Category Archives: Refactoring

Encapsulation: Entities, Collections And Business Rules

Yesterday, I was involved two very separate yet very related conversations. One was via twitter with Colin Jack and Jimmy Bogard (which I was only a partial contributor to – mostly just reading their conversation) and another after work with … Continue reading 

Also posted in .NET, Analysis and Design, Design Patterns, Domain Driven Design, Model-View-Presenter, Principles and Patterns | 6 Comments

Dependency Inversion: ‘Abstraction’ Does Not Mean ‘Interface’

A coworker recently asked if we should always abstract every object into an interface in order to fulfill the Dependency Inversion Principle (DIP). The question stunned me at first, honestly. I knew in my head that this was a bad … Continue reading 

Also posted in .NET, Agile, Analysis and Design, Domain Driven Design, Lambda Expressions, Philosophy of Software, Principles and Patterns | 6 Comments

DI and IoC: Creating And Working With A Cloud Of Objects

A few months ago, I posted some thoughts and questions on the proper use of Inversion of Control (IoC) containers and the Dependency Inversion (DI) principle. Since then, I’ve had the opportunity to do some additional study and teaching of … Continue reading 

Also posted in .NET, Analysis and Design, Design Patterns, Principles and Patterns, Unit Testing | 6 Comments

Separation of Concerns by example: Part 5

In our last example, disaster finally struck our quaint little application.  A strange defect showed up, which would be almost impossible to reproduce back on our developer machine.  But because we’ve broken out our dependencies, our CustomerFinder became easier to … Continue reading 

Also posted in AntiPatterns, Principles and Patterns, Quality, RSpec, Test Automation, Testing, Unit Testing | 19 Comments

Separation of Concerns by example: Part 4

In the last part, we finally broke out the caching and data access concerns from our original class.  The series so far includes: Separation of Concerns – how not to do it Separation of Concerns by example: Part 1 – … Continue reading 

Also posted in Agile, Analysis and Design, Continuous Improvement, Productivity, Quality | 42 Comments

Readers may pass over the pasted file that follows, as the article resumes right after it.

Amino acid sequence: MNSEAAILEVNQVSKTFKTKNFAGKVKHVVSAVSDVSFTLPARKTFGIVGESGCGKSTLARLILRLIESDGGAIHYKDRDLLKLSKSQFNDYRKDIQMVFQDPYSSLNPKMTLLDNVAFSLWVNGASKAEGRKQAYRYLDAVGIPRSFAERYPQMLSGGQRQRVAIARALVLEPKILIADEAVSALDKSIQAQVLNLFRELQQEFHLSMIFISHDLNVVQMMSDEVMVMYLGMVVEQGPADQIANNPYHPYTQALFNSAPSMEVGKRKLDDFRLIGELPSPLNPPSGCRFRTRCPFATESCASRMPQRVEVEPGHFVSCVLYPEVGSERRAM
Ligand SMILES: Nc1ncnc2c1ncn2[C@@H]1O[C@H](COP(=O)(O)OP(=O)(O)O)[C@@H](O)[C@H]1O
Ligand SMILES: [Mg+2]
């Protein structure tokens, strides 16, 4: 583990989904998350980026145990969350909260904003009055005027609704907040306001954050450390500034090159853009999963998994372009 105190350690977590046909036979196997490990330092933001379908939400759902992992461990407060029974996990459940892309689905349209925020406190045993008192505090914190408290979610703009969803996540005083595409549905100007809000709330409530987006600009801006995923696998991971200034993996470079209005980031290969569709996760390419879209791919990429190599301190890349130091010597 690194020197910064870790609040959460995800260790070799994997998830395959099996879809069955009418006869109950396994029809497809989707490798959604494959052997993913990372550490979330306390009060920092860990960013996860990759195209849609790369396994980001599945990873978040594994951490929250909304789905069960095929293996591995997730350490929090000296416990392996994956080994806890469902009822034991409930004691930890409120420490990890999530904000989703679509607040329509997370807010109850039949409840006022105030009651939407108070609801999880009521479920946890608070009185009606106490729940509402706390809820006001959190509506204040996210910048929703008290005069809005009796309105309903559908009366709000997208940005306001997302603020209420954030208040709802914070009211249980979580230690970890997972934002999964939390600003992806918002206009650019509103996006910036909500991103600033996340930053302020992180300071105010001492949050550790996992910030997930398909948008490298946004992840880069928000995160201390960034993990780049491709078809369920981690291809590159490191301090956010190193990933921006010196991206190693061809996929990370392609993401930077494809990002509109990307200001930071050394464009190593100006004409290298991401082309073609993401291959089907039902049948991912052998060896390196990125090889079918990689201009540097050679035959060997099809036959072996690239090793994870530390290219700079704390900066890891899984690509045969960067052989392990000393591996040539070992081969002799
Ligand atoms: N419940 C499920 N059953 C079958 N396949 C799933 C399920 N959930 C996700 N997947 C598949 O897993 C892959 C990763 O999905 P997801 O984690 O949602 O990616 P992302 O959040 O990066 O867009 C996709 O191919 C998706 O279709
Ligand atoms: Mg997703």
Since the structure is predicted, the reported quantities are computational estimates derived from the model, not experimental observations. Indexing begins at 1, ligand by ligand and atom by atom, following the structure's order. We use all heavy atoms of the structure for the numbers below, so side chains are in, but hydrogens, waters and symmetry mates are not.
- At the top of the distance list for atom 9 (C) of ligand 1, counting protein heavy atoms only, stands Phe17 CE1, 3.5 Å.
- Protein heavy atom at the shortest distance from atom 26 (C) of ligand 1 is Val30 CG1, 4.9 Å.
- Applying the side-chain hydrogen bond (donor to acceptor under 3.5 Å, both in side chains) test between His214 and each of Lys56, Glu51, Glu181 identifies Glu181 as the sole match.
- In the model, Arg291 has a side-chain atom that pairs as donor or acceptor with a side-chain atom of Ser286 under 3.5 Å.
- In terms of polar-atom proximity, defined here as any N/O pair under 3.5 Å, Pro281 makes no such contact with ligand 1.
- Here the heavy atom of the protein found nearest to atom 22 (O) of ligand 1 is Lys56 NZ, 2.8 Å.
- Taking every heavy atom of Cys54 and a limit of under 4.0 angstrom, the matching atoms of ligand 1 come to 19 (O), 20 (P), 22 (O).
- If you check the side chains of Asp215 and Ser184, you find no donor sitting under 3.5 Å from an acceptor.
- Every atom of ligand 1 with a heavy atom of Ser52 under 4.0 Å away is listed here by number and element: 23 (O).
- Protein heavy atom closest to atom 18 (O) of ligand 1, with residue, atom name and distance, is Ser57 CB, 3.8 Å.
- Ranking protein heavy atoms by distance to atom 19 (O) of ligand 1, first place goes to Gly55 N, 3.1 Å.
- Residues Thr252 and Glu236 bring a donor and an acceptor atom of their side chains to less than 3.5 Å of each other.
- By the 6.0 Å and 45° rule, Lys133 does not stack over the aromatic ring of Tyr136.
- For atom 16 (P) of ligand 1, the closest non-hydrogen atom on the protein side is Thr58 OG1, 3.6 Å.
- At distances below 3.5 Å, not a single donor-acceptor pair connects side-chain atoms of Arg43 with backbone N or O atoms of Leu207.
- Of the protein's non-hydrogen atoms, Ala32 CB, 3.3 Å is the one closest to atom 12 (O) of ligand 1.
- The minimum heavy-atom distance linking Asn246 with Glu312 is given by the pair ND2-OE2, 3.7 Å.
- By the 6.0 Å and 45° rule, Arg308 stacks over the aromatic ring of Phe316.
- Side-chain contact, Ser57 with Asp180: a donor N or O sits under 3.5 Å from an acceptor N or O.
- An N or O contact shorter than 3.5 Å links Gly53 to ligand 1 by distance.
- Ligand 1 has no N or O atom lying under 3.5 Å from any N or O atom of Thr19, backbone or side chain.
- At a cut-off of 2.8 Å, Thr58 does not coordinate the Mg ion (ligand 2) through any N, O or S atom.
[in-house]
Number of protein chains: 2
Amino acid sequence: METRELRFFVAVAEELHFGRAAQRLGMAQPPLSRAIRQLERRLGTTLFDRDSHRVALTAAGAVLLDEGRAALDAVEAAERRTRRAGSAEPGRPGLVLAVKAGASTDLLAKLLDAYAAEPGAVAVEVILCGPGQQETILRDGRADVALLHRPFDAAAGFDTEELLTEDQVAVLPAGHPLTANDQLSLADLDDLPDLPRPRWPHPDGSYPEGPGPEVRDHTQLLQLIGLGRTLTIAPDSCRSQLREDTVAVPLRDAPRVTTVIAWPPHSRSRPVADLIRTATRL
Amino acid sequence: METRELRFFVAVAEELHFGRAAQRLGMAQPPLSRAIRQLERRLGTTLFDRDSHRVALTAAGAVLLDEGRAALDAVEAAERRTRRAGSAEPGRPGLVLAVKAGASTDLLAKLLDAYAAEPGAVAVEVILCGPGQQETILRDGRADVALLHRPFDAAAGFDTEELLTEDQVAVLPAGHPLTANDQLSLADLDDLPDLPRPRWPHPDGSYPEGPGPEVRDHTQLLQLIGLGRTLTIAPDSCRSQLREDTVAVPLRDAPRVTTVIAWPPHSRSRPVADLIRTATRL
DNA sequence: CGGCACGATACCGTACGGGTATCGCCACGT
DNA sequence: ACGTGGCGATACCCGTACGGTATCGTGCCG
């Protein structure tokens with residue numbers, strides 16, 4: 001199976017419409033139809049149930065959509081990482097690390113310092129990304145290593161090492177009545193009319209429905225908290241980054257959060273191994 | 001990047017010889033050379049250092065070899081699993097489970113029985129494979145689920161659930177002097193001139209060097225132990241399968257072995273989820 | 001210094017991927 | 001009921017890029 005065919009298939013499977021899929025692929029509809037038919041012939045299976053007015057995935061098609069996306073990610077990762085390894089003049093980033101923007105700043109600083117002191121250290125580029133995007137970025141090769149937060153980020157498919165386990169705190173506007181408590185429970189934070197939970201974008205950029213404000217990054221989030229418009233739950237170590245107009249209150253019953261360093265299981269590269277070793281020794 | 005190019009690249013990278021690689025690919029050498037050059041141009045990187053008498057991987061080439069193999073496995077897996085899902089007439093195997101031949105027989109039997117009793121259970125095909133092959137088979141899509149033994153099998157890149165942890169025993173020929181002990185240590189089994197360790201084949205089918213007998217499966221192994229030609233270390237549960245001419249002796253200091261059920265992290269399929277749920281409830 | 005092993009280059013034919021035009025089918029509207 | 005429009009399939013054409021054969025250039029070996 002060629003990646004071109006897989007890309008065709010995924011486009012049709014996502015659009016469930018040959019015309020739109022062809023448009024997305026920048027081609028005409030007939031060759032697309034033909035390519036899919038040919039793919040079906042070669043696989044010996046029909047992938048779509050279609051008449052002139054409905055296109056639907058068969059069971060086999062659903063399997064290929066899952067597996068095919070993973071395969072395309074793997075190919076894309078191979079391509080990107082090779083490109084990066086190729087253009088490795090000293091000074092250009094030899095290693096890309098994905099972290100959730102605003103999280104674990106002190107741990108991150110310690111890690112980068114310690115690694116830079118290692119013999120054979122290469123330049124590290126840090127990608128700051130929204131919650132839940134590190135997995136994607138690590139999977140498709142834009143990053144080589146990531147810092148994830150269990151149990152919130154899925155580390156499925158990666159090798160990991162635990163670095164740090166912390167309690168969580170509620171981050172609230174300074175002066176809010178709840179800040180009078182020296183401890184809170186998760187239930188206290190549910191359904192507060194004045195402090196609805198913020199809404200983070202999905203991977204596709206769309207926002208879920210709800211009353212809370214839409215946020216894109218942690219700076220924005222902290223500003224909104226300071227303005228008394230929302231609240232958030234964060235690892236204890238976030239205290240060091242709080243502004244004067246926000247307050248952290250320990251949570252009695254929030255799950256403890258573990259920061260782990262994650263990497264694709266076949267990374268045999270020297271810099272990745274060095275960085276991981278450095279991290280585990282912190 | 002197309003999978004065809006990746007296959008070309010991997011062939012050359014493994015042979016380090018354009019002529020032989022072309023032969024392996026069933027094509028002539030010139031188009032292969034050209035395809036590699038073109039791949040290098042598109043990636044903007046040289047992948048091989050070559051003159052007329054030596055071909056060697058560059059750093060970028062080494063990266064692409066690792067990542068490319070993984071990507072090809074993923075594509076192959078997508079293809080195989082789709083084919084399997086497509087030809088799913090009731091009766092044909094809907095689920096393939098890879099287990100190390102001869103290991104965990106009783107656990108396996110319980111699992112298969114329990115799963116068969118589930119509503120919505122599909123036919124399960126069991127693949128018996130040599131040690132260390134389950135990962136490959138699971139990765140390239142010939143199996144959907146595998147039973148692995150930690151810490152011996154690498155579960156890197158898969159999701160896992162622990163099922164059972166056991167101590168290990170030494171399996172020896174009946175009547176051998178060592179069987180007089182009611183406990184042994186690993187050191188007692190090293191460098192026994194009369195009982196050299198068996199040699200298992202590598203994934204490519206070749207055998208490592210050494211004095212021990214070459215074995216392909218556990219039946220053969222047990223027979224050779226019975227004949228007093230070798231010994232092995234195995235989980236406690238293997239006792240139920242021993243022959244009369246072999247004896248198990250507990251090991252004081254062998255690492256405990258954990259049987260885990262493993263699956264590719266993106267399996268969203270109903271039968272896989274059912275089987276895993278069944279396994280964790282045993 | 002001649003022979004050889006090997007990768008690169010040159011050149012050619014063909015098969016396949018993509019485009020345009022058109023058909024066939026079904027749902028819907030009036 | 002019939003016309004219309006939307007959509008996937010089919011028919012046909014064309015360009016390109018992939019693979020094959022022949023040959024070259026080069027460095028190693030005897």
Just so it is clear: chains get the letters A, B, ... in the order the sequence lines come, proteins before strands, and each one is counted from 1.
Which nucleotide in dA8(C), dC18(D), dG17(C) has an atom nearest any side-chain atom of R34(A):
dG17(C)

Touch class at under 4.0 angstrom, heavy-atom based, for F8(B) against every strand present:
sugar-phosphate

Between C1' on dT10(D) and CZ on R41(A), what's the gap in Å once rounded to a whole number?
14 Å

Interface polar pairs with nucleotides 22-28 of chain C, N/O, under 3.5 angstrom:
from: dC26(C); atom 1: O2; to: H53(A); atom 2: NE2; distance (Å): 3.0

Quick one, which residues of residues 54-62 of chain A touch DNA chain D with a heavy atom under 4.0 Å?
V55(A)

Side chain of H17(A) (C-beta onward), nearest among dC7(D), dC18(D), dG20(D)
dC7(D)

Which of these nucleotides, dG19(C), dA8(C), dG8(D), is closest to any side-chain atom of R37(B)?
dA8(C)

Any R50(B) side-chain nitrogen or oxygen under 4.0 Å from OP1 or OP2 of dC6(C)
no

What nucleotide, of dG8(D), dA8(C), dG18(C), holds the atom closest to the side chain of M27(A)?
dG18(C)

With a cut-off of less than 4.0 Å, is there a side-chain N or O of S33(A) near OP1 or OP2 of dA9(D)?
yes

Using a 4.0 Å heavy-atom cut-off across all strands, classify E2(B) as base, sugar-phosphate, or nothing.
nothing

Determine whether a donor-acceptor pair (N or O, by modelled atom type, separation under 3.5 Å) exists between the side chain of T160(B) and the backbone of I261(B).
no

Entities and the Law of Demeter

The Law of Demeter, and its corresponding code smell, Inappropriate Intimacy, are some of the best bang-for-your-buck code smells that you can address.  The basic idea behind each of these concepts is code related to an object should probably be … Continue reading 

Also posted in Behavior Driven Development, Command Line, Git, Productivity, RSpec, Ruby, Source Control, Test Automation, Testing, Tools and Vendors, Unit Testing, Vim | 7 Comments

Separation of Concerns by example: Part 3

We made quite a bit of progress separating out the concerns in Part 2, but there are still some issues with our current design.  Other parts in this series include: Separation of Concerns – how not to do it Separation … Continue reading 

Also posted in Analysis and Design, Management, Pragmatism, Principles and Patterns, Security, Standardized Work, User Experience | 10 Comments

Separation of Concerns by example: Part 2

Separation of concerns is one of the fundamental tenets of good object-oriented design.  Anyone can throw a bunch of code in a method and call it a day, but that’s not the most maintainable approach.  So far, we’ve looked at: … Continue reading 

Also posted in Pragmatism, Product Reviews | Leave a comment

Separation of Concerns by example: Part 1

In the prelude to this series, I looked at a snippet of code that took the kitchen sink approach to concerns.  Here’s what we started out with: public class CustomerManager { [DataObjectMethod(DataObjectMethodType.Select, false)] public static List<Customer> GetCustomers(int startRowIndex, int maximumRows) … Continue reading 

Also posted in Analysis and Design, Pragmatism, Productivity, Quality, Risk Management, Testing | 12 Comments

Separation of Concerns – how not to do it

In a recent article on layered LINQ applications in the latest ASP.NET PRO magazine (no link, you have to pay), the author proposes separating your application into three distinct layers: User Interface (UI) layer Business Logic Layer (BLL) Data Access … Continue reading 

Also posted in Principles and Patterns, Product Reviews | 4 Comments